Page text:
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Neurobiol Dis. 2005 Jun-Jul;19(1-2):194-9.

Cathepsin D-deficient Drosophila recapitulate the key features of neuronal ceroid lipofuscinoses.

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Department of Pathology, Brigham and Women's Hospital and Harvard Medical School, 77 Avenue Louis Pasteur, NRB Room 652, Boston, MA 02115, USA.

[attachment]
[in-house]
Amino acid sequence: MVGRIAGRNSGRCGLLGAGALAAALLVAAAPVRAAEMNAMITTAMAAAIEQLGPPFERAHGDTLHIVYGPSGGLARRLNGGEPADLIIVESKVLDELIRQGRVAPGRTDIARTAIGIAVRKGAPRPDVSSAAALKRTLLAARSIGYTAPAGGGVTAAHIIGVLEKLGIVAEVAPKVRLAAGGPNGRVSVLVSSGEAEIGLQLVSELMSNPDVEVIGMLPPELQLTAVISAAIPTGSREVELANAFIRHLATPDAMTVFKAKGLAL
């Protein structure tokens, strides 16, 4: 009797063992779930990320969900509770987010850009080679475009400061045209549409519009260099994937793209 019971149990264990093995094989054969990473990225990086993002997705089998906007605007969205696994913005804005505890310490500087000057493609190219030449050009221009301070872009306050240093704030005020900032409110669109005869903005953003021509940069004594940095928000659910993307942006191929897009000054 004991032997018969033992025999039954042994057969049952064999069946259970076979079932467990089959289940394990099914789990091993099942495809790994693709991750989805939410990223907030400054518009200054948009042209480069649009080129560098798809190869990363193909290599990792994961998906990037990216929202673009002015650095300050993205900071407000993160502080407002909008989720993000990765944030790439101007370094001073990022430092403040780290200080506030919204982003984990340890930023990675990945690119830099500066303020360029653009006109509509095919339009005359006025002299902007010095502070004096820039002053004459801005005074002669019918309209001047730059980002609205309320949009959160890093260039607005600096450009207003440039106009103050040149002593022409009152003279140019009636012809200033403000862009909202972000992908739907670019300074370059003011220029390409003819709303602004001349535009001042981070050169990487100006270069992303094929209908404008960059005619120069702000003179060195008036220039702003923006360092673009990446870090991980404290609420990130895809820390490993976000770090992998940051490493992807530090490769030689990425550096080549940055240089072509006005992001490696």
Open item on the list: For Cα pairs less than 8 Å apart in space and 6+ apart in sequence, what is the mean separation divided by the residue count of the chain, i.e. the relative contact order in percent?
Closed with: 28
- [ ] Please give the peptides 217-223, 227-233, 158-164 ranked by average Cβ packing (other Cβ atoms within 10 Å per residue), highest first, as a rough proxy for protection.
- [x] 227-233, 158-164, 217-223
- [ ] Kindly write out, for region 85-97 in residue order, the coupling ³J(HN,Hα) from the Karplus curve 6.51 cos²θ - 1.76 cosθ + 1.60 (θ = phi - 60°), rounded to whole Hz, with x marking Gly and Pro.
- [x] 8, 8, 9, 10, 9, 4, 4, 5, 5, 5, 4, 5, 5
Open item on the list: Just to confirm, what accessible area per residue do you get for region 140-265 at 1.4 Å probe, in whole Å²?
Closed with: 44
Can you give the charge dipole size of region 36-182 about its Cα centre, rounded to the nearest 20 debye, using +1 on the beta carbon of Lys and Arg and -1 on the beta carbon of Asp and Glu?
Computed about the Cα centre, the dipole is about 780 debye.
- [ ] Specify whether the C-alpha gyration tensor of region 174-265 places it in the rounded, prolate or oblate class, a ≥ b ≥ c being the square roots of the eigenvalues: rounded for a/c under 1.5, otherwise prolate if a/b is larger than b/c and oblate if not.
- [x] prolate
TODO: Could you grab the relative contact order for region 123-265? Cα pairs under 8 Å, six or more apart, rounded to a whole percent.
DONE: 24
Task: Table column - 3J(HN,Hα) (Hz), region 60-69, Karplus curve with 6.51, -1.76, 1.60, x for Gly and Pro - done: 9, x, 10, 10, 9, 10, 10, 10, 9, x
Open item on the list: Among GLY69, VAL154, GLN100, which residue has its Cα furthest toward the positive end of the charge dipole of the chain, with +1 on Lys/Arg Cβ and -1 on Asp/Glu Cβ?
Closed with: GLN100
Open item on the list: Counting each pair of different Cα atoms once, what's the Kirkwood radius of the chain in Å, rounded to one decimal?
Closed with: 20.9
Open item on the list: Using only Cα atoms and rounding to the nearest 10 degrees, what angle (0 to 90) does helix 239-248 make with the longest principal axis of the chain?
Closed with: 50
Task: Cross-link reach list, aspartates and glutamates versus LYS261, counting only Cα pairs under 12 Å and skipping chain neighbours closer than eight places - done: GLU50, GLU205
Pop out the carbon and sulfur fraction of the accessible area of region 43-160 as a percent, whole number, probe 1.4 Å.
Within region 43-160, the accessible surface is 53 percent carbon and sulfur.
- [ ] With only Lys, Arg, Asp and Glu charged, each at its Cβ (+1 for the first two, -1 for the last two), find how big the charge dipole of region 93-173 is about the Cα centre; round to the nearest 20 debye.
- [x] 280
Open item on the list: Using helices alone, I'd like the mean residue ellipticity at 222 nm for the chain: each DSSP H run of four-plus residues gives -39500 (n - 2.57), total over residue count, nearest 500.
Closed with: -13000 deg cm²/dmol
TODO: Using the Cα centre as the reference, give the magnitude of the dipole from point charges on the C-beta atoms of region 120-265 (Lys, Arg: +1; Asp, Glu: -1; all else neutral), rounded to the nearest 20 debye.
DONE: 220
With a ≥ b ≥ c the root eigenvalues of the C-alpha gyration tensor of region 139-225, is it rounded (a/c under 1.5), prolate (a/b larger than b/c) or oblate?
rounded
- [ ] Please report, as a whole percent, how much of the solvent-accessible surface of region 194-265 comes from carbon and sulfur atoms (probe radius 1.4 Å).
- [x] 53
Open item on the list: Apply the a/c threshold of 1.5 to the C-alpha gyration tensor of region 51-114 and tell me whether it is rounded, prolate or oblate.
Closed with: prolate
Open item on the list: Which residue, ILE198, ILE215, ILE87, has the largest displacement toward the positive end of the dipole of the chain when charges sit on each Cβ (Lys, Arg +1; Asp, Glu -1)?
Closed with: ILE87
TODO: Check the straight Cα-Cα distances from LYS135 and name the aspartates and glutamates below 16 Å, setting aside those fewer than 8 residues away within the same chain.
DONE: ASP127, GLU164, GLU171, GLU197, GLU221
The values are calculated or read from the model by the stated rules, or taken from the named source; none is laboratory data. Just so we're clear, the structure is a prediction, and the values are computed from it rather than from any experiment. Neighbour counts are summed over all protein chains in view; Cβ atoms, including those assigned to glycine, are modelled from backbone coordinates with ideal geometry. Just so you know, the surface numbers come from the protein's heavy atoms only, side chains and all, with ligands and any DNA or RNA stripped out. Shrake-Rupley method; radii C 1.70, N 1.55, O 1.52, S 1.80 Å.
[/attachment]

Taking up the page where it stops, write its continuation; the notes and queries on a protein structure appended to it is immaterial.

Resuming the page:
Neuronal ceroid lipofuscinoses (NCLs) are a group of lysosomal storage disorders characterized pathologically by neuronal accumulation of autofluorescent storage material and neurodegeneration. An ovine NCL form is caused by a recessive point mutation in the cathepsin D gene, which encodes a lysosomal aspartyl protease. This mutation results in typical NCL pathology with neurodegeneration and characteristic neuronal storage material. We have generated a Drosophila NCL model by inactivating the conserved Drosophila cathepsin D homolog. We report here that cathepsin D mutant flies exhibit the key features of NCLs. They show progressive neuronal accumulation of autofluorescent storage inclusions, which are also positive for periodic acid Schiff and luxol fast blue stains. Ultrastructurally, the storage material is composed of membrane-bound granular electron-dense material, similar to the granular osmiophilic deposits found in the human infantile and ovine congenital NCL forms. In addition, cathepsin D mutant flies show modest age-dependent neurodegeneration. Our results suggest that the metabolic pathway leading to NCL pathology is highly conserved during evolution, and that cathepsin D mutant flies can be used to study the pathogenesis of NCLs.

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